5) Regarding route summarization with OSPF, you need to define an area (or areas) for your access level subnets, and define Area 0 for your core, and then summarize for routes advertised across the border (your dist routers are your ABRs). See:
Hope this helps.
hi there, I have a question about the routing, If I have the layer 2 access, then layer 3 from the distribution layer, ie use hsrp for on the distribution routers, If I use a routing protocol, how will it route to the routers? will it load balance? as this maybe tricky as one of the gateways will be active, the other will not,
can anyone help me with this?
Carl, the hosts on the access layer will be pointed to the gateway router address (say, 10.1.1.254). As is standard in HSRP, you designate which router is active and which is standby, and the active router will handle the routing of these packets.
There is no load balancing on the inbound packets (from access layer hosts to HSRP routers). If you want inbound load balancing, you'll need to use GLBP:
However, both HSRP routers will be sending packets outbound to devices on the LAN.
Hope this helps.
I am more interested in the routing between the core and dist layer switches, ie if I use a routing protocol etc, how will it work if I have 1 router active and standby in the dist layer, and will I have to advertise the same routes on both dist switches as they need to route the same.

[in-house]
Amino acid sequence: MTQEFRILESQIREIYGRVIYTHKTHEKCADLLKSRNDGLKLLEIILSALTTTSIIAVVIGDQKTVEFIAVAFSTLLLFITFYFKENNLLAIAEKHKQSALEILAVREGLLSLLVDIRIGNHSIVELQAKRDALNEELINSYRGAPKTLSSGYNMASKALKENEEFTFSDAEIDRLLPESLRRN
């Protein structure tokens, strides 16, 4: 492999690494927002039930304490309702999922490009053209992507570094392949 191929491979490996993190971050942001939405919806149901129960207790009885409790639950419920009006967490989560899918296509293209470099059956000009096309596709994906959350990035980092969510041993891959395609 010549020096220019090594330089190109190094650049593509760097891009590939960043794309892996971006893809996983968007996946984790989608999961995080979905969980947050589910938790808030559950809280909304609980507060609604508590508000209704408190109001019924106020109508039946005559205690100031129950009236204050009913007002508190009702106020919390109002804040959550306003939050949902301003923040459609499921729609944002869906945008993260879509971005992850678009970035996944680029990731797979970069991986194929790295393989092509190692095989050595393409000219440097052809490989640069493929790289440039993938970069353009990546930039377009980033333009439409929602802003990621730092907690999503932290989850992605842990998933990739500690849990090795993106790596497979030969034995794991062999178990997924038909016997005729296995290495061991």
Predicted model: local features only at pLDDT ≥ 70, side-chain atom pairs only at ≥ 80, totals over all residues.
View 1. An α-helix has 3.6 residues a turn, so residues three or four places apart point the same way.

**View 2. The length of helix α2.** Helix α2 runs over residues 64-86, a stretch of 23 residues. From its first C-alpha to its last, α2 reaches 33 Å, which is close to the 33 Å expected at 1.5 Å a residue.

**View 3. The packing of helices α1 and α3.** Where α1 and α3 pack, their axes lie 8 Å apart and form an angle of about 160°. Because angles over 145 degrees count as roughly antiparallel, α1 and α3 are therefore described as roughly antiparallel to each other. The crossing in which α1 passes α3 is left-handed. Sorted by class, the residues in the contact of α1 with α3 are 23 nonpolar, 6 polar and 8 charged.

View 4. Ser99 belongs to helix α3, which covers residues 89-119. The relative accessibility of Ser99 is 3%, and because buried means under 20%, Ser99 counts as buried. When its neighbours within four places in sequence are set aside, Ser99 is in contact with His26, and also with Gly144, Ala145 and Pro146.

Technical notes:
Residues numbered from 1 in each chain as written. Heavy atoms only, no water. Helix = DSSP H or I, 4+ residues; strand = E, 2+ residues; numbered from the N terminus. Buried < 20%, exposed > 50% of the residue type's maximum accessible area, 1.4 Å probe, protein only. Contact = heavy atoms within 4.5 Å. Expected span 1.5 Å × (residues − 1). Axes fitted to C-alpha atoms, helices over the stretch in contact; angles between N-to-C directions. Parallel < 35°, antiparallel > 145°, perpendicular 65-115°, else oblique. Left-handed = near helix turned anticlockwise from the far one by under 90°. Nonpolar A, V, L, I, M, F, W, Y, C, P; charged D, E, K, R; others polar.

Carl, routing between the core and dist. routers will work in the normal way, and is not affected by HSRP. If your two dist. routers are connected to two core routers, your network will show two equal cost paths between each core router and each dist. router, and traffic will be load balanced across the links.
As I said previously, HSRP only determines the gateway that hosts on the LAN will use to send packets to other subnets. The upstream from your dist. routers will be standard IP routing, and will include redundant paths for load balancing if they are present. Return traffic from the core to the access layer (via the dist. routers) will be load balanced to both dist. routers, and will be sent out from both dist. routers to the local LAN. There is no 'standby' HSRP for outbound packets from the dist. router to the access LANs. They will both route packets to this access LAN.
Hope this helps.
can you show me what this config would look like, im confused as when the core routes back to the dist, if there are equal cost routes, only one of the dist routers is active, so how will traffic reach that router ?
Carl, see the attached diagram.
Again, the important point to note here is that HSRP only determines the active gateway that will be used for hosts to get off of the access LAN. For traffic flowing back to the access LAN, BOTH routers are fully active and will route packets to the access LAN.
Hope this helps.
hi there, im still confused here, if I advertise the same network on my dist routers, the core will load balance all traffic between them, am i right? if this is the case, if traffic hits the non active router, how will this get to the other router which is active ?
Carl, I'll try one more explanation for you. Please refer to the diagram I posted previously...
HSRP DOES NOT MAKE A ROUTER NON-ACTIVE!
HSRP is designed for networks where hosts cannot choose between multiple gateways, or are generally configured to point to a single IP gateway address. It "invisibly" allows multiple routers to be able to accept packets sent to a single gateway address, without the host needing to know which physical device actually routed the packets.
When you have two (or more) routers participating in HSRP, the HSRP protocol and your router configurations determine which router accepts the packets which are PUT ON THE ACCESS LAN, destined FOR THE GATEWAY.
HSRP only determines which router acts as the gateway for packets that need to leave the Access LAN.